Before this object of his laudable ambition was attained, however, Sir William Jones gave proof, as our great Englishman, Milton, had given before him, that the mightiest erudition does not narrow, but serves truly to enlarge the mind, and to nourish its sympathies with the great brotherhood of humanity.  The war with the United States of America had commenced, and he declared himself against it; he wrote a splendid Latin ode, entitled "Liberty," in which his patriotic and philanthropic sentiments are most nobly embodied; and became a candidate, on what are now called "liberal principles," for the representation of Oxford.  He withdrew, after further reflection, from the candidateship, still purposing to devote his life to the East, but not before he had testified his disapproval of harsh ministerial measures, by publishing an "Enquiry into the Legal Mode of suppressing Riots, with a Constitutional Plan for their Suppression."  Finally, to the record of this part of his life, Lord Teignmouth adds the relation, that Sir William Jones had found time to attend the lectures of the celebrated John Hunter, and to acquire some knowledge of anatomy; while he had advanced sufficiently far into the mathematics to be able to read and understand the "Principia" of Sir Isaac Newton.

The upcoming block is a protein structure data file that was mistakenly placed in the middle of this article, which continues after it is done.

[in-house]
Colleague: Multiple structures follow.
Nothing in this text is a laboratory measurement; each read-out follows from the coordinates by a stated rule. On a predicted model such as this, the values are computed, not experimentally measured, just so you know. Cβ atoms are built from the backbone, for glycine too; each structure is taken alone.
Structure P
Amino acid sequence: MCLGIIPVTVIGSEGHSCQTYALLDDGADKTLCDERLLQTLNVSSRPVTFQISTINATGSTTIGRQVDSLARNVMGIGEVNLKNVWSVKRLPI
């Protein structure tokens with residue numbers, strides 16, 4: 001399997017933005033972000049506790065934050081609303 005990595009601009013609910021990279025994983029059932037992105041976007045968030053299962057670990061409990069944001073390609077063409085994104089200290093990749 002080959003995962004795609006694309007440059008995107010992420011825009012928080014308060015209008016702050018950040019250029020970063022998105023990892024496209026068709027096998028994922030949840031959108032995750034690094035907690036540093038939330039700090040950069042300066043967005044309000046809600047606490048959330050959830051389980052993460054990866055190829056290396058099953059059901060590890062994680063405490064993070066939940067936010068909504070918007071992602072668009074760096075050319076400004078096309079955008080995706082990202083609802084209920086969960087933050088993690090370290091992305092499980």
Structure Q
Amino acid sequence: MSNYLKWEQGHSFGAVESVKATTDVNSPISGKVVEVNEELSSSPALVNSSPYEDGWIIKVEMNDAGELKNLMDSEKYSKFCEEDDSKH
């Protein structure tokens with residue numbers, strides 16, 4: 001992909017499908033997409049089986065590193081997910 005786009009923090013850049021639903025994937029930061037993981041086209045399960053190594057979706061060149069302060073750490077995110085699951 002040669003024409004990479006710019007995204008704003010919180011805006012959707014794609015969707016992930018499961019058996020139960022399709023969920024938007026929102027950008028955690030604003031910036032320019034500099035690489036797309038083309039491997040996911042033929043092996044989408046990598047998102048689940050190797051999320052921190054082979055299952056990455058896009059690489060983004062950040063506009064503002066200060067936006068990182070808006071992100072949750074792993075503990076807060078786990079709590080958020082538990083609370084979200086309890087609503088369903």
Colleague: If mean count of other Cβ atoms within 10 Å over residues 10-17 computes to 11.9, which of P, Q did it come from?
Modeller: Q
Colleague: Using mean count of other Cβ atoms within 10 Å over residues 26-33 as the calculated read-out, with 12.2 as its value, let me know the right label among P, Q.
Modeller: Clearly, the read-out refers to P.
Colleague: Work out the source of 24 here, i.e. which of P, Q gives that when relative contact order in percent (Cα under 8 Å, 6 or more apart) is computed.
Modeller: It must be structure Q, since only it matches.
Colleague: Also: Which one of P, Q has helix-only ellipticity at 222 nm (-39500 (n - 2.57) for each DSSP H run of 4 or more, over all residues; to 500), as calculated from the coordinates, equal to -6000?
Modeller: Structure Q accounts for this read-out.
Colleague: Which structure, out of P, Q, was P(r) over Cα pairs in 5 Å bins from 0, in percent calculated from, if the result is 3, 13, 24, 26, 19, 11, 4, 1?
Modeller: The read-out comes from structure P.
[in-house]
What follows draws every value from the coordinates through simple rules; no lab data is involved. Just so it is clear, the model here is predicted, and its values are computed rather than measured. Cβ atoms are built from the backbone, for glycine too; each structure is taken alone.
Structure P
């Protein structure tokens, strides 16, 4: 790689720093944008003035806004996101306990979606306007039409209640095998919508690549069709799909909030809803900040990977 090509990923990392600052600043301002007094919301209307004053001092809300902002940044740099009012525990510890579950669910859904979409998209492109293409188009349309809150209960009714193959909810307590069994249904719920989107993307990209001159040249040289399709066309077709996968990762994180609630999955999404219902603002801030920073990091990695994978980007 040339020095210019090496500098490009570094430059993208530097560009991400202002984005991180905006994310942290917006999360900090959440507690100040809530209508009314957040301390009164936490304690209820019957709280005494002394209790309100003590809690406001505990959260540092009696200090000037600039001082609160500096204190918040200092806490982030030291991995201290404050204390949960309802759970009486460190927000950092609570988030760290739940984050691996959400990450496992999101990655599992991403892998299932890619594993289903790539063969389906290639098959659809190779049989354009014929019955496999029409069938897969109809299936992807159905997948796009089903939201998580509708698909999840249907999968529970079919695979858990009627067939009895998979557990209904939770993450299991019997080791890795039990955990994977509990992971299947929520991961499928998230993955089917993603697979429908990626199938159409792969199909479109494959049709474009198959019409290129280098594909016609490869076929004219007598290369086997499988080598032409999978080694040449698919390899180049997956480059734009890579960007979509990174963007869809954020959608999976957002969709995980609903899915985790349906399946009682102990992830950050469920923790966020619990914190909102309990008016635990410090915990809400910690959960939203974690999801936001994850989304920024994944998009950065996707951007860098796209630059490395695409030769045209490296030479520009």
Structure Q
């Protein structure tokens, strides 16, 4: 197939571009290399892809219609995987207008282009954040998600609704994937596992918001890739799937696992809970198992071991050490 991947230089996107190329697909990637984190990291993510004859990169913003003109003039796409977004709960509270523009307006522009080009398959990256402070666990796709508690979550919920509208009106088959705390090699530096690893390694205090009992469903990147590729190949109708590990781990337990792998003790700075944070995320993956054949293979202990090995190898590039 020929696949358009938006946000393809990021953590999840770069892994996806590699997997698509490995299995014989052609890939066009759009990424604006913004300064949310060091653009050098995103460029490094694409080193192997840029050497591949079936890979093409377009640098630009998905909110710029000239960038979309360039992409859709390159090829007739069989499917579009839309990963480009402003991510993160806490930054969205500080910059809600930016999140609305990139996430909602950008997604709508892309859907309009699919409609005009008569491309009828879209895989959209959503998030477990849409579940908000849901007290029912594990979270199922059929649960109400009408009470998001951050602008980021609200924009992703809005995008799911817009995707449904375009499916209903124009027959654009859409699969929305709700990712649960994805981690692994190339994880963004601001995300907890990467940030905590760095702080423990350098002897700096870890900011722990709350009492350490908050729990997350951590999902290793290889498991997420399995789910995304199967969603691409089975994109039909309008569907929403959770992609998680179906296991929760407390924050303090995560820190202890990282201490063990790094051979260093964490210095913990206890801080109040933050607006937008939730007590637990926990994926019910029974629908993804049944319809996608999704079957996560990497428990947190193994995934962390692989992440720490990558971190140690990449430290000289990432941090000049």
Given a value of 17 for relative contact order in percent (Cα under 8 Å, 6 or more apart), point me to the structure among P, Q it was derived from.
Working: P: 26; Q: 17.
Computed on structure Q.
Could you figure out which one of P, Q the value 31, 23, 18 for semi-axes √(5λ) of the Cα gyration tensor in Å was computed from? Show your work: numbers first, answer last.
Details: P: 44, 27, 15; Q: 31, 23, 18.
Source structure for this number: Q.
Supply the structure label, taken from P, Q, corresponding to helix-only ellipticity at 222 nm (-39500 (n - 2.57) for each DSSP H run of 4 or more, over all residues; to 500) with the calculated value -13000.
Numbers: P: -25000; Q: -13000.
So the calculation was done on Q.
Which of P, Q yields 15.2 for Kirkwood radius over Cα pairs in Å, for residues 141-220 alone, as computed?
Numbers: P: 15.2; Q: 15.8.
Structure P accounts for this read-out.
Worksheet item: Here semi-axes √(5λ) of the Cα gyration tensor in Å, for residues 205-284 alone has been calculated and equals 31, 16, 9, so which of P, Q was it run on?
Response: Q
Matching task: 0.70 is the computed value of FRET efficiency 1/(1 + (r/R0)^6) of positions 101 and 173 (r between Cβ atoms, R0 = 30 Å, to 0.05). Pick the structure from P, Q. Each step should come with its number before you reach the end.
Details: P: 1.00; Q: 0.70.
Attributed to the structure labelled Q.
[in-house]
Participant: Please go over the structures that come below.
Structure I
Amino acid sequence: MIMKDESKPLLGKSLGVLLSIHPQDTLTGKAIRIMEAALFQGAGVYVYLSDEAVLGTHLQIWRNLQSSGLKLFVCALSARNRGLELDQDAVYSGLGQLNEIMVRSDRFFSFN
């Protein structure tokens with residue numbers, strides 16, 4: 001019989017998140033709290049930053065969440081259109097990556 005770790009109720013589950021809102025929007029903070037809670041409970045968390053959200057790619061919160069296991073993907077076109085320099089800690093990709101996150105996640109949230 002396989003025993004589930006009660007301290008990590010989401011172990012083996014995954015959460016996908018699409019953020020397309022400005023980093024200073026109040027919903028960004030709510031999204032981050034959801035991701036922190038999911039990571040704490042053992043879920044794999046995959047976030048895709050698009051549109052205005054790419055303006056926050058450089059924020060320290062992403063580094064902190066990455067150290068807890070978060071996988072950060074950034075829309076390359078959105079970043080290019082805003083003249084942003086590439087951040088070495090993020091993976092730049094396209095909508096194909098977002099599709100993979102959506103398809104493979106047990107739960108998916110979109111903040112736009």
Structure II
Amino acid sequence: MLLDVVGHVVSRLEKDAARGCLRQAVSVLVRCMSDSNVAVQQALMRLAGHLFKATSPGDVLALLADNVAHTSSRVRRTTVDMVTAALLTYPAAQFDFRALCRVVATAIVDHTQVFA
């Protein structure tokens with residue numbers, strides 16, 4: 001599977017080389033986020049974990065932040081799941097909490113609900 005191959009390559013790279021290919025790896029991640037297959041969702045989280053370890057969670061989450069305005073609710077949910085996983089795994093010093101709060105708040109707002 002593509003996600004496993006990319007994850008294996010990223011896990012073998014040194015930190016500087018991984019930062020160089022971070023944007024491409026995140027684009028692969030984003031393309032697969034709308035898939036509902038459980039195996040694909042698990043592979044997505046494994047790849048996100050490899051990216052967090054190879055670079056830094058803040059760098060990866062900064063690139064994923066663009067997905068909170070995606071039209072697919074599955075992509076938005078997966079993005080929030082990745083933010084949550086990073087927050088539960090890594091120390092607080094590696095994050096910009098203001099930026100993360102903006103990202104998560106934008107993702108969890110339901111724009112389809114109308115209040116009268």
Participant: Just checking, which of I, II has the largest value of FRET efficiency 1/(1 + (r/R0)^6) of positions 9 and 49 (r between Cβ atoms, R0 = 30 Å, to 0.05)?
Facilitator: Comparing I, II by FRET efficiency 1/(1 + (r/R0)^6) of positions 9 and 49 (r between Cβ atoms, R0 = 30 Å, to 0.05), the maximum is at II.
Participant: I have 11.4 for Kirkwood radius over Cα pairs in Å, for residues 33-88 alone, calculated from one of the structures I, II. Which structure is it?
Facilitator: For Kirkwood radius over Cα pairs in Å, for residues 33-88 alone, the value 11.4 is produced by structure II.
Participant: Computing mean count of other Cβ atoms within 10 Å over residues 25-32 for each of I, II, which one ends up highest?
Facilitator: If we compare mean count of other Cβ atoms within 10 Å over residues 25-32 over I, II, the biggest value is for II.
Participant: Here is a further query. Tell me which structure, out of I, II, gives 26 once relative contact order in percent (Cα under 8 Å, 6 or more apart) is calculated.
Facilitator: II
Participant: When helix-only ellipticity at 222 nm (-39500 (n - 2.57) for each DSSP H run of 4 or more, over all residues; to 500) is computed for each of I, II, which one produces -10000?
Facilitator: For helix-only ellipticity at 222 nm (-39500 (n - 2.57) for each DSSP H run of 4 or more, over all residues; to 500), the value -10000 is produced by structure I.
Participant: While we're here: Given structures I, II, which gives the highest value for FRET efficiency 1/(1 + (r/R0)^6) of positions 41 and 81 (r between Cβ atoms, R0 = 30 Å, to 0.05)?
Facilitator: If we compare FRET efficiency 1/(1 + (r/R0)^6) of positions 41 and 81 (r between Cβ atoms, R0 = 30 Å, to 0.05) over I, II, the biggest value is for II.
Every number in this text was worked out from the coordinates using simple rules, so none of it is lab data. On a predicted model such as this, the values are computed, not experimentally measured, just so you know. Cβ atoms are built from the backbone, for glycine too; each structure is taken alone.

The last eleven years of the illustrious scholar's life form the most brilliant part of his career, and only leave us to lament that his days were not more extended.  In the month of March, 1783, being then in his thirty-seventh year, he was appointed a judge of the supreme court of judicature, Fortwilliam, Calcutta, and on that occasion received the honour of knighthood.  In the following month he married the eldest daughter of Dr. Shipley, Bishop of St. Asaph, and thus happy in a union with the lady to whom he had been long devoted, almost immediately embarked for India.

    As a concluding lesson from the life of Sir William Jones, let us note how unsubduable is the intellect trained by long and early habits of perseverance, under the corrupting and enfeebling influences of honours and prosperity.  On the voyage, the "great scholar" drew up a list of "Objects of Enquiry."  If he could have fulfilled the gigantic schemes which were thus unfolding themselves to his ardent mind, the world must have been stricken with amazement.  The list is too long to be detailed here; suffice it to say, that it enumerates the "Laws of the Hindus and Mahommedans," "The History of the Ancient World;" all the sciences, all the arts and inventions of all the Asiatic nations, and the various kinds of government in India.  Following the list of "Objects of Enquiry," is a sketch of works he purposes to write and publish; including "Elements of the Laws of England," "History of the American War," an epic poem, to be entitled "Britain Discovered," "Speeches, Political and Forensic," "Dialogues, Philosophical and Historical," and a volume of letters, with translations of some portions of the Scriptures into Arabic and Persian.